Sony’s new $99 PlayStation TV box could be key to its TV service plans

Sony (S SNE) announced a new $99 gadget at the E3 Expo in Los Angeles Monday that could play an interesting role in the company’s plans to offer its own pay TV service.

The new PlayStation TV, which will be available in the U.S> and Europe this fall, is primarily touted as a slimmed-down game console, capable of playing videos games from the company’s upcoming Sony Now cloud gaming service as well as pair with a PlayStation 4 to play PS4 games via remote play — a feature that was first introduced with the portable PlayStation Vita.

However, Sony Computer Entertainment America President and CEO Shawn Layden also mentioned during the company’s E3 keynote that the PlayStation TV “will give you access to video and music streaming services.” Asked about further details, a Sony spokesperson sent me the following statement:

“PlayStation TV in the United States will support TV and movies via Video Unlimited and streaming music via Music Unlimited. We’ll announce additional services in the future.”

Music Unlimited is Sony’s Spotify-like music subscription service, while Video Unlimited is the name of the company’s iTunes-like transactional video rental offering. However, the company has bigger plans for TV content, and announced at CES earlier this year that it intends to launch a pay TV service that could replace cable TV for its customers in the future.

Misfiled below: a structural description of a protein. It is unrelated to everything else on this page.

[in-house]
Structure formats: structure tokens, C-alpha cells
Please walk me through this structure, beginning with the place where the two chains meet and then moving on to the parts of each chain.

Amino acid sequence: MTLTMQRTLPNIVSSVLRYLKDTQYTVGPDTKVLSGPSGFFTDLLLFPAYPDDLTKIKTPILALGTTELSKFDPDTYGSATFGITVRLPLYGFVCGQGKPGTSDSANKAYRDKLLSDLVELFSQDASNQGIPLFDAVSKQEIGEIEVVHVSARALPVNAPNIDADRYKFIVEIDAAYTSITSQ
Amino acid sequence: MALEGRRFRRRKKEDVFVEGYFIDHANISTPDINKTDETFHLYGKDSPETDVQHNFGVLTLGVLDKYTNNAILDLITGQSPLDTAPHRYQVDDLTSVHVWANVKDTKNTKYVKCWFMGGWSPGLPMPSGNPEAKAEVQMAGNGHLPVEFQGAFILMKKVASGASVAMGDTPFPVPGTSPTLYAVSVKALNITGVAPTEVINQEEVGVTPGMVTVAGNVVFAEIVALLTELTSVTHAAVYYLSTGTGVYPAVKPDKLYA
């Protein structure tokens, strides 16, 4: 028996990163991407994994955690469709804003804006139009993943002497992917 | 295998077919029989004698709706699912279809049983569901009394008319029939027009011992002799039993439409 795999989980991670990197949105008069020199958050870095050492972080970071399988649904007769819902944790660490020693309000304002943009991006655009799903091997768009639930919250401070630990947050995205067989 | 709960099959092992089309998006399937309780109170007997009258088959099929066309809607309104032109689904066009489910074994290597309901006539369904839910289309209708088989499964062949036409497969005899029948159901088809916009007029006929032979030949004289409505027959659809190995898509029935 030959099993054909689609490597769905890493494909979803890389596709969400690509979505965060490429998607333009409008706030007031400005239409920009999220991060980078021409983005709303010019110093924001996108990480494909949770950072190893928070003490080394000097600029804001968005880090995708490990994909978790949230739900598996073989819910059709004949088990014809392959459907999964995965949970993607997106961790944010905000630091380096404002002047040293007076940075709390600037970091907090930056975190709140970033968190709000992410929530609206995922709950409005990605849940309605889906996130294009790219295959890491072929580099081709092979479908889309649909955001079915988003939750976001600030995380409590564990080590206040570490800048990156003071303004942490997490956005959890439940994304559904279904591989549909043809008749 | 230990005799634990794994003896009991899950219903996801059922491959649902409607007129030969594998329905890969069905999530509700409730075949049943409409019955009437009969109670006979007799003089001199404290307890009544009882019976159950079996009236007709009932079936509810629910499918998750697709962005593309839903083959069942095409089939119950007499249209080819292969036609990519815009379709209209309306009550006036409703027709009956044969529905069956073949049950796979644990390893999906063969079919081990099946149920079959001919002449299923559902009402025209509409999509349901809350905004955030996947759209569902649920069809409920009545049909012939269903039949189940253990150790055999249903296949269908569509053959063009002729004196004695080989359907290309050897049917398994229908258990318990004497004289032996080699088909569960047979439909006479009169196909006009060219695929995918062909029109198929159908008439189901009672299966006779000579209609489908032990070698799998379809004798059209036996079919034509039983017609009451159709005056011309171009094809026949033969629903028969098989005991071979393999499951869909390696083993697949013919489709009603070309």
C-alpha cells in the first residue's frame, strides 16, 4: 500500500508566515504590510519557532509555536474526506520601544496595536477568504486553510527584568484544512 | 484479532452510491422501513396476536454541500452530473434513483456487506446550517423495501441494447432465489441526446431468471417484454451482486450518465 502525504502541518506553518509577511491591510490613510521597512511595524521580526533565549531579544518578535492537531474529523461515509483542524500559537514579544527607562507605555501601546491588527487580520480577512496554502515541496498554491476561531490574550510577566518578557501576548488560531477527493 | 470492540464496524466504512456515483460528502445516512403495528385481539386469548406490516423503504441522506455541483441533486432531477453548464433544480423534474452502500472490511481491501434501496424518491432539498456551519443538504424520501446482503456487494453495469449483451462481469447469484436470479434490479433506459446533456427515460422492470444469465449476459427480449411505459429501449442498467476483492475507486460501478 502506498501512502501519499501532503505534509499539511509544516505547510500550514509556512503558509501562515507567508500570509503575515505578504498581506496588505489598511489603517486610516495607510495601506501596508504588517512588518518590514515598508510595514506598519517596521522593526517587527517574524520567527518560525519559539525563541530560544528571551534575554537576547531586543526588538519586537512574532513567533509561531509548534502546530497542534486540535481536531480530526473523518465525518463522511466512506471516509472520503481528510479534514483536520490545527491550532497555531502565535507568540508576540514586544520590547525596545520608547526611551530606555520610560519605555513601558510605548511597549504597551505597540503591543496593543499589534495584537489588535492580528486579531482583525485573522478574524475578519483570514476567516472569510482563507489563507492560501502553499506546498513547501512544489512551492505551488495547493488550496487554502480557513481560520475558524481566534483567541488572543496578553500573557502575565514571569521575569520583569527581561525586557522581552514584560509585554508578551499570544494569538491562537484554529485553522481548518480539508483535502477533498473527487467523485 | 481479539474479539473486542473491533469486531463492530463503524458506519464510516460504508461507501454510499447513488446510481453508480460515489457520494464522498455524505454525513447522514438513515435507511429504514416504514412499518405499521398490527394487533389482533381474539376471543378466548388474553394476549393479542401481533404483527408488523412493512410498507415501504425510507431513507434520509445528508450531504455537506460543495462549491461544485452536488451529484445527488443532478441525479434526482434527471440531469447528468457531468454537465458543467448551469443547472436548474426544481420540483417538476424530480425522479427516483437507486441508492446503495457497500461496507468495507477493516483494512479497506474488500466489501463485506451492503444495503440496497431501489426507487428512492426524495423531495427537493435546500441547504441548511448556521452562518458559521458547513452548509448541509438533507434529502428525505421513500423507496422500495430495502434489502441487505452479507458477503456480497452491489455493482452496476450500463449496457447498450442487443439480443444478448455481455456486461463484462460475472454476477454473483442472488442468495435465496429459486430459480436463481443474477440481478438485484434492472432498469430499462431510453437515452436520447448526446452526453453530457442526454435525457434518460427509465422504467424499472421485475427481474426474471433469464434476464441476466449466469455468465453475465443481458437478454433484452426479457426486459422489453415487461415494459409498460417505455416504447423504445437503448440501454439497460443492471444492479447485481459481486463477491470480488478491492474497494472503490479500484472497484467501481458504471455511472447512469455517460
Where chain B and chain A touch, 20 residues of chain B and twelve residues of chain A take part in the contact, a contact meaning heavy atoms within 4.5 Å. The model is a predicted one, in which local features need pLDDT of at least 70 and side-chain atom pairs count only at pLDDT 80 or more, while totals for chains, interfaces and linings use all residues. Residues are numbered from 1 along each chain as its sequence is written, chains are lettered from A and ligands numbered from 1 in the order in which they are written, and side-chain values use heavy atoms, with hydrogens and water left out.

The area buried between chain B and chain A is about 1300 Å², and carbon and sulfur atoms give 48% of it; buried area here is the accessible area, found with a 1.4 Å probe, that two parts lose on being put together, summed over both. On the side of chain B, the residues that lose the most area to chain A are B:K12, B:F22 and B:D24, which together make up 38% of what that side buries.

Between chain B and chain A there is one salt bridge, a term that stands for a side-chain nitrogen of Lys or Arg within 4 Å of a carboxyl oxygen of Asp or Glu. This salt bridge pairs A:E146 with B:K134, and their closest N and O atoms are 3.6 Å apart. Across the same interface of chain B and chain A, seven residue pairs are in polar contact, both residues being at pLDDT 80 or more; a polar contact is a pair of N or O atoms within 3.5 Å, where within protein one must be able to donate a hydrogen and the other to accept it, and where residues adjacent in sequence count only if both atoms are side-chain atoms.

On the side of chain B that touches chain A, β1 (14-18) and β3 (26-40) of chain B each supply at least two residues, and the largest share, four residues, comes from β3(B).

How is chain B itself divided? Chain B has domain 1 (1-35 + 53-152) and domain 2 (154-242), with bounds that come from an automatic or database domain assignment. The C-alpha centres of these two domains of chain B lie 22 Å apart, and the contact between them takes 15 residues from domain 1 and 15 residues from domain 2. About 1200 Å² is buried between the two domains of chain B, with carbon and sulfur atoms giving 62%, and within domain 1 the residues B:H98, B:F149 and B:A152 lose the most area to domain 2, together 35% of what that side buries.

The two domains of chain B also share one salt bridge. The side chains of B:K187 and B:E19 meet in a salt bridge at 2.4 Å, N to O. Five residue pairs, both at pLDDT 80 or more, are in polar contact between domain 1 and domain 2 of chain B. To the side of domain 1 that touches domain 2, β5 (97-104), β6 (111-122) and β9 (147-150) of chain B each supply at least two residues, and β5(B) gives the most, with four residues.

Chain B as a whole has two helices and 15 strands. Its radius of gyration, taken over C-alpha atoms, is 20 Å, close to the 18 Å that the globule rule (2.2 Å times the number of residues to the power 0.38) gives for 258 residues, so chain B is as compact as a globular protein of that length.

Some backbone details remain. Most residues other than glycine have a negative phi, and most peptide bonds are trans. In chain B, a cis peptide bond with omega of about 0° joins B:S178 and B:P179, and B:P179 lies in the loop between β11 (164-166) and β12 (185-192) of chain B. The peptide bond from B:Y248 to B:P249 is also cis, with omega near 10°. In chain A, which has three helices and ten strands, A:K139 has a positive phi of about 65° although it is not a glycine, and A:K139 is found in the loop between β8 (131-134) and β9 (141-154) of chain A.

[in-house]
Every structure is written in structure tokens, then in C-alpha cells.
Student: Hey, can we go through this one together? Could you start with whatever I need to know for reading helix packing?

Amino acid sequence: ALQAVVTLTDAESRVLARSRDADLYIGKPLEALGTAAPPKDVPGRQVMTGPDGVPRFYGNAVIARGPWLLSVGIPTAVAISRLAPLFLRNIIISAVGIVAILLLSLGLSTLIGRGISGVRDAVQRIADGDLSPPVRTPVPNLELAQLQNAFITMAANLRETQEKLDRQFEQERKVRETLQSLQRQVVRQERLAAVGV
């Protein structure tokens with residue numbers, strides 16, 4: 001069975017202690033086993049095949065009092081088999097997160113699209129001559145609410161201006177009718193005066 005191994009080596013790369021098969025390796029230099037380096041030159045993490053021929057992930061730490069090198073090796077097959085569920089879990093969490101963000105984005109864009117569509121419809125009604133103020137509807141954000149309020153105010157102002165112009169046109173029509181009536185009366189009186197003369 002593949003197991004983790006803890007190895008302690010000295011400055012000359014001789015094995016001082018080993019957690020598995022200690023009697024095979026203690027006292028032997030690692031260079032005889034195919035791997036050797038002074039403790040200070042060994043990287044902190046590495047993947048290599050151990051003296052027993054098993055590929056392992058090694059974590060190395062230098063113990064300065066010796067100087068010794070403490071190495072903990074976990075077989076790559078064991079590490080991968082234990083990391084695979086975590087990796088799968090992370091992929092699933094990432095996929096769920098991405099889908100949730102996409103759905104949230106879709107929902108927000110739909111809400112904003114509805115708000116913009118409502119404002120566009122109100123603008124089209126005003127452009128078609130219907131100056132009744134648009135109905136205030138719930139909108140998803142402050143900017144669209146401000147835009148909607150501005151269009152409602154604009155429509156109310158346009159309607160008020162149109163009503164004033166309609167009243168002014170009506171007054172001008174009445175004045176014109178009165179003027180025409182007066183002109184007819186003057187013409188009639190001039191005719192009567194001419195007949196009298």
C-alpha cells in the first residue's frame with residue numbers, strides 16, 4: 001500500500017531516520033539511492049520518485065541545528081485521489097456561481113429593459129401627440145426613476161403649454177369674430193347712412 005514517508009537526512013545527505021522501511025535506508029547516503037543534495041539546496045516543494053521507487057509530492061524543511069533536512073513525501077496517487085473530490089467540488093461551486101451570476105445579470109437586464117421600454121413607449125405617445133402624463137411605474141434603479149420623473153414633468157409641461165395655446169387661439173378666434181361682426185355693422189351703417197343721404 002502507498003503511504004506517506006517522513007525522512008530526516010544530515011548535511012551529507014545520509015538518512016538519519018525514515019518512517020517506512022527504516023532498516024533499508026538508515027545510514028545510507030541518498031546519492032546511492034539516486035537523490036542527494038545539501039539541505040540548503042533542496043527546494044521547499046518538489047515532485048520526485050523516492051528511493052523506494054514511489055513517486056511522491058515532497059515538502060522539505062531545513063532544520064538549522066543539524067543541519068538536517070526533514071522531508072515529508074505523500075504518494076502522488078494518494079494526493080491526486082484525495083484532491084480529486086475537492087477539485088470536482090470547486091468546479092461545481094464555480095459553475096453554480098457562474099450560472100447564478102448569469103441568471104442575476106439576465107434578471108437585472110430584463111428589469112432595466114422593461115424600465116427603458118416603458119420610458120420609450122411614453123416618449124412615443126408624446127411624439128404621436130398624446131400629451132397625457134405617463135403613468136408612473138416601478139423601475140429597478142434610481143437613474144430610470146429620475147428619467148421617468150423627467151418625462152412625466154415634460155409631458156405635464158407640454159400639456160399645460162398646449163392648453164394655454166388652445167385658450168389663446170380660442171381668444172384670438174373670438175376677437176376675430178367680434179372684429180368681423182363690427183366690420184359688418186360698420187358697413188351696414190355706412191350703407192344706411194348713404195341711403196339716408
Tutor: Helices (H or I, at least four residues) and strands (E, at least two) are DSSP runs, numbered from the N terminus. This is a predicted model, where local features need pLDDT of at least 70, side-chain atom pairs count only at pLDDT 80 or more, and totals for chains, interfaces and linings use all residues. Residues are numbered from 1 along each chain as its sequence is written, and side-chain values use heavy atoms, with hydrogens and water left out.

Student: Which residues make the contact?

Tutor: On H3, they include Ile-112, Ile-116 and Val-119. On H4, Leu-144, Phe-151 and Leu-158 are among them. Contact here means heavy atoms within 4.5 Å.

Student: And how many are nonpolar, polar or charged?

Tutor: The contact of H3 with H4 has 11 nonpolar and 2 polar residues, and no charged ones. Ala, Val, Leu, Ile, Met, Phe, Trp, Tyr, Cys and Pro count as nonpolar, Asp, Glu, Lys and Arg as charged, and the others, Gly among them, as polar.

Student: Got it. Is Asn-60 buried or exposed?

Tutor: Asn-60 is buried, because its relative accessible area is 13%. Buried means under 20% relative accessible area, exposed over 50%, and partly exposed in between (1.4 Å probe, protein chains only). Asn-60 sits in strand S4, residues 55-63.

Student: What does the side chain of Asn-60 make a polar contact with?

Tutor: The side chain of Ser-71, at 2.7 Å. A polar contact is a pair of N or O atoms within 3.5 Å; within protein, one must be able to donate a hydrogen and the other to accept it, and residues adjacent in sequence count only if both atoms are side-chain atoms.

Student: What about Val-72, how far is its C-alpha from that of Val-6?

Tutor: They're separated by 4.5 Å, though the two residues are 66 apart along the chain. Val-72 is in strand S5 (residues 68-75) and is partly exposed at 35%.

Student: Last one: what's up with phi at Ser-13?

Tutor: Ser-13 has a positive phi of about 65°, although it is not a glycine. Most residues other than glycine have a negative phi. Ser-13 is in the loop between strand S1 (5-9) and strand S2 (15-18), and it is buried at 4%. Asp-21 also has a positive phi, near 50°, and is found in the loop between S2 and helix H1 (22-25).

Sony’s still-unnamed TV service will offer subscribers access to live television, video on demand and cloud DVR features, and deliver it to a variety of devices. It’s a safe bet to assume that PlayStation TV will be among those devices, which would turn the device into much more than just a lightweight game console. Instead, it would compete directly with a variety of video streaming boxes including Apple TV and Amazon’s Fire TV, which also comes with a big focus on gaming.

And with a less expensive device, Sony would be able to give consumers a way to access its TV service on multiple TVs within their house without the need to connect a full-blown PlayStation to each and every one of them.